Hundreds Gather for Black Lives Matter March

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Hundreds Gather for Black Lives Matter March

March held in support of Freddie Gray also raises questions about police conduct and carding.


As hundreds marched down University Avenue in a rally to show solidarity for the death of Baltimore’s Freddie Gray, supporters held signs, exchanged stories, and chanted.

“No justice, no peace! No racist police!”

“If I’m free to go, just tell me so!”

Their voices echoed off office buildings and hotels, and people on adjacent sidewalks stopped and stared. The marchers, young and old, were groups of friends, families, colleagues, and people who came on their own. While those at the front were predominantly black, people of various backgrounds were present as they marched towards the U.S. Consulate.

There to be heard, marchers took their outrage to American soil, all the while reminding people that here in Toronto, they were hurting too.

Organized by the Black Lives Matter Toronto Coalition, the rally started at Toronto Police Headquarters on College Street. It was held to show solidarity with those protesting in Baltimore, and across the U.S., after 25-year-old Freddie Gray died following a spinal cord injury sustained while in police custody in Baltimore. Some wore T-shirts that bore his name, along with the names of other recent high-profile victims of police violence, like Michael Brown, Eric Garner, and Rekia Boyd.

But many activists said that police brutality and racial profiling are a prevalent issue in Canada as well.

“When it comes to Canada and the United States, there’s always a push to make it seem like Canada is inherently more peaceful and inherently less violent, but I don’t think that’s actually the case,” said Lena Peters, a 23-year-old co-organizer of the march. “I don’t think police brutality looks all that different north of the border.”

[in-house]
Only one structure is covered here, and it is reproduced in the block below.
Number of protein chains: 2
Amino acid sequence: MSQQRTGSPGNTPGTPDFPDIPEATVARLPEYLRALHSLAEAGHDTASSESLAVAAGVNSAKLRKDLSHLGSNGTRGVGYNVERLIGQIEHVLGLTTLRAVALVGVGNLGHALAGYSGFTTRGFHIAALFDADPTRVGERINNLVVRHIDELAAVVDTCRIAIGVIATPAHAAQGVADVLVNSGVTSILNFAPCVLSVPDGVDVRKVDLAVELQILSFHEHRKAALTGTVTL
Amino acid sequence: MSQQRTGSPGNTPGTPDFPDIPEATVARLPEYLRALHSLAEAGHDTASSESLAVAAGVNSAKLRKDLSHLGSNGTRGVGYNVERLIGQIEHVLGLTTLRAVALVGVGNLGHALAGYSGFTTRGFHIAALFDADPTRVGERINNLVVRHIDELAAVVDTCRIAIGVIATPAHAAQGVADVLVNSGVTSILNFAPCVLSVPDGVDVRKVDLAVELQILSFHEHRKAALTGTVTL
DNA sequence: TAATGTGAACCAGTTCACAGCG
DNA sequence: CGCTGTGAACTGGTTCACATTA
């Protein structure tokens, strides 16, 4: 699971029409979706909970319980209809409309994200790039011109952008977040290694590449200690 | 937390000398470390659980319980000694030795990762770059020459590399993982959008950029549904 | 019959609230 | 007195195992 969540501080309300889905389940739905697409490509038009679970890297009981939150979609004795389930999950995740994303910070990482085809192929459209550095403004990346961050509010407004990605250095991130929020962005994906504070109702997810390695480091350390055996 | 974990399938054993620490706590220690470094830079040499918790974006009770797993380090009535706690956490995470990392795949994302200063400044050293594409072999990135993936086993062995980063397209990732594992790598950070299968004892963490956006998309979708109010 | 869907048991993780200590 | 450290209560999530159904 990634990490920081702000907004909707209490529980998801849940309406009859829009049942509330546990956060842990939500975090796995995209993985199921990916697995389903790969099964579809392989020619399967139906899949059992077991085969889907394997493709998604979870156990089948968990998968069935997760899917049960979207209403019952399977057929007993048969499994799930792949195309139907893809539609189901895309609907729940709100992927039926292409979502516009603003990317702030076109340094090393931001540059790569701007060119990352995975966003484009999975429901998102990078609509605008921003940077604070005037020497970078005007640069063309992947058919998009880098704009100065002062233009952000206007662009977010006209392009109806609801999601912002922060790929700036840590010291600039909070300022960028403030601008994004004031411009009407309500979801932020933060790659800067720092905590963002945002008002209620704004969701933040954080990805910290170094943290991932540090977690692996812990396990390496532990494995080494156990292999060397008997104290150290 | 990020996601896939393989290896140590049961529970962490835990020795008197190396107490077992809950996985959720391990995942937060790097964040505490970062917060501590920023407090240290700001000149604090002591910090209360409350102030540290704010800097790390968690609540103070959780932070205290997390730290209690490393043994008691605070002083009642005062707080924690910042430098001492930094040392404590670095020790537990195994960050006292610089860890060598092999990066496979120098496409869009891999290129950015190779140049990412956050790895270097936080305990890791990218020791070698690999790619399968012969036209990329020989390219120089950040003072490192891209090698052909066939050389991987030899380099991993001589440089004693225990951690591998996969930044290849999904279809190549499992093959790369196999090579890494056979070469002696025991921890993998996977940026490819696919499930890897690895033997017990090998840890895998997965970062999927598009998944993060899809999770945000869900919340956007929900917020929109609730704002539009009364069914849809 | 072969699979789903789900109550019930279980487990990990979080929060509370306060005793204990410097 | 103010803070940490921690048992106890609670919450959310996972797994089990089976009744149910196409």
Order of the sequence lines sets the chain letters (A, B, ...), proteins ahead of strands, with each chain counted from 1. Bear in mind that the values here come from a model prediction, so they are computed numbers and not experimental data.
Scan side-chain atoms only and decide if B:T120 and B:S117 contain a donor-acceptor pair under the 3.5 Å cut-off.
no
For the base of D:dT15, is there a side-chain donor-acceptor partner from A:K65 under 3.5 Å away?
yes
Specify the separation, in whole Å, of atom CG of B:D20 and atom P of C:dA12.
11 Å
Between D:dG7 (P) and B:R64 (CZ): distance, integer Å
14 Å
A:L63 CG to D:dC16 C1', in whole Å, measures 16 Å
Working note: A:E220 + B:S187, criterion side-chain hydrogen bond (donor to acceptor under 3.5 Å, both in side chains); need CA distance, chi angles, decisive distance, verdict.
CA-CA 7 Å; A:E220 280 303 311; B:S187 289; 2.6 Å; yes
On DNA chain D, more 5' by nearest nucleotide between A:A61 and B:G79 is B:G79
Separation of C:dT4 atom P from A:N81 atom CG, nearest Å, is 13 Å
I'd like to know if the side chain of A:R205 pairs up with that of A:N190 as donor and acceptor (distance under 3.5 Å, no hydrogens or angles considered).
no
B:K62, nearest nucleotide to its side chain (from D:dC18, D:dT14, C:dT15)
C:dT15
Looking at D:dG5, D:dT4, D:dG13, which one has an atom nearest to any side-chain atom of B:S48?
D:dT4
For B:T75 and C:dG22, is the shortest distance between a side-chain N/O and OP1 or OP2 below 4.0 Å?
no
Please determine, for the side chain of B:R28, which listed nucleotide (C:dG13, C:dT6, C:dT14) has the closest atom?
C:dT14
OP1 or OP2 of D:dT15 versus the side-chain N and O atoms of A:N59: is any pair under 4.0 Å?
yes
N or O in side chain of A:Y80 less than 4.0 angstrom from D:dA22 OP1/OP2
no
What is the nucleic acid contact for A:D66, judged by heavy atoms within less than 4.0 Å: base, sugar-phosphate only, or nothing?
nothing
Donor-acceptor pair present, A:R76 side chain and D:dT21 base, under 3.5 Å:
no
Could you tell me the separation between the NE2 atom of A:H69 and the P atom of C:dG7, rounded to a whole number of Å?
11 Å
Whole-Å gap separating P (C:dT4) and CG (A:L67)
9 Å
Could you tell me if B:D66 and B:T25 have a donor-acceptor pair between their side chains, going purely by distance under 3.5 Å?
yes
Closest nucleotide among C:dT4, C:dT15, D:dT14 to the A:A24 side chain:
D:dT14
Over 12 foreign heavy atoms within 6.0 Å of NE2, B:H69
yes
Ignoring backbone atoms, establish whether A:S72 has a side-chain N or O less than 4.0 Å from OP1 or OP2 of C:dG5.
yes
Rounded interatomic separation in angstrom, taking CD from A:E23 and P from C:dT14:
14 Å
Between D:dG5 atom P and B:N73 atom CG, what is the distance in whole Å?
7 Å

On the steps of 40 College Street, La Tanya Grant spoke about her cousin Jermaine Carby, who was shot dead by Peel police during a traffic stop in September 2014.

“My cousin came out of the car to ask why he was pulled over and they shot him four times,” Grant told the crowd. The investigation into the matter is ongoing.

In addition to deaths in police custody, Toronto Police Chief Mark Saunders’ support of carding came up often. Desmond Cole, a Torontoist staff writer and community activist, was met with cheers before he addressed the rally.

“They have told us, new police chief Mark Saunders told us, that carding was neccessary to do their jobs,” Cole said, gesturing at the police headquarters building behind him.

“That means the police are telling us, in order to do their jobs, they need to stop and question people who are suspected, in their own words, of no crime. Is that the police’s job?”

“No!” people shouted in response.

Peters was also disappointed with Saunders, Toronto’s first black police chief, and his aversion to ending carding.

“I always feel like so much of the political manoeuvring that happens in cities like Toronto are about maintaining white supremacy and racism, while making sure there are enough faces of colour to make it not seem like it’s actually happening,” she said.

The protest featured calls for continued activism and change on the issue as some chanted, “Move beyond the protest!”

For many, it was already beyond the protest. It was their lives. At the sit-in, a woman in a grey cardigan stood near the back, watching activists give speeches in front of the consulate. When asked by Torontoist why she was there, she said, “I lost my son.”

She did not want to say more, and carried on.

Photos by Joyita Sengupta.

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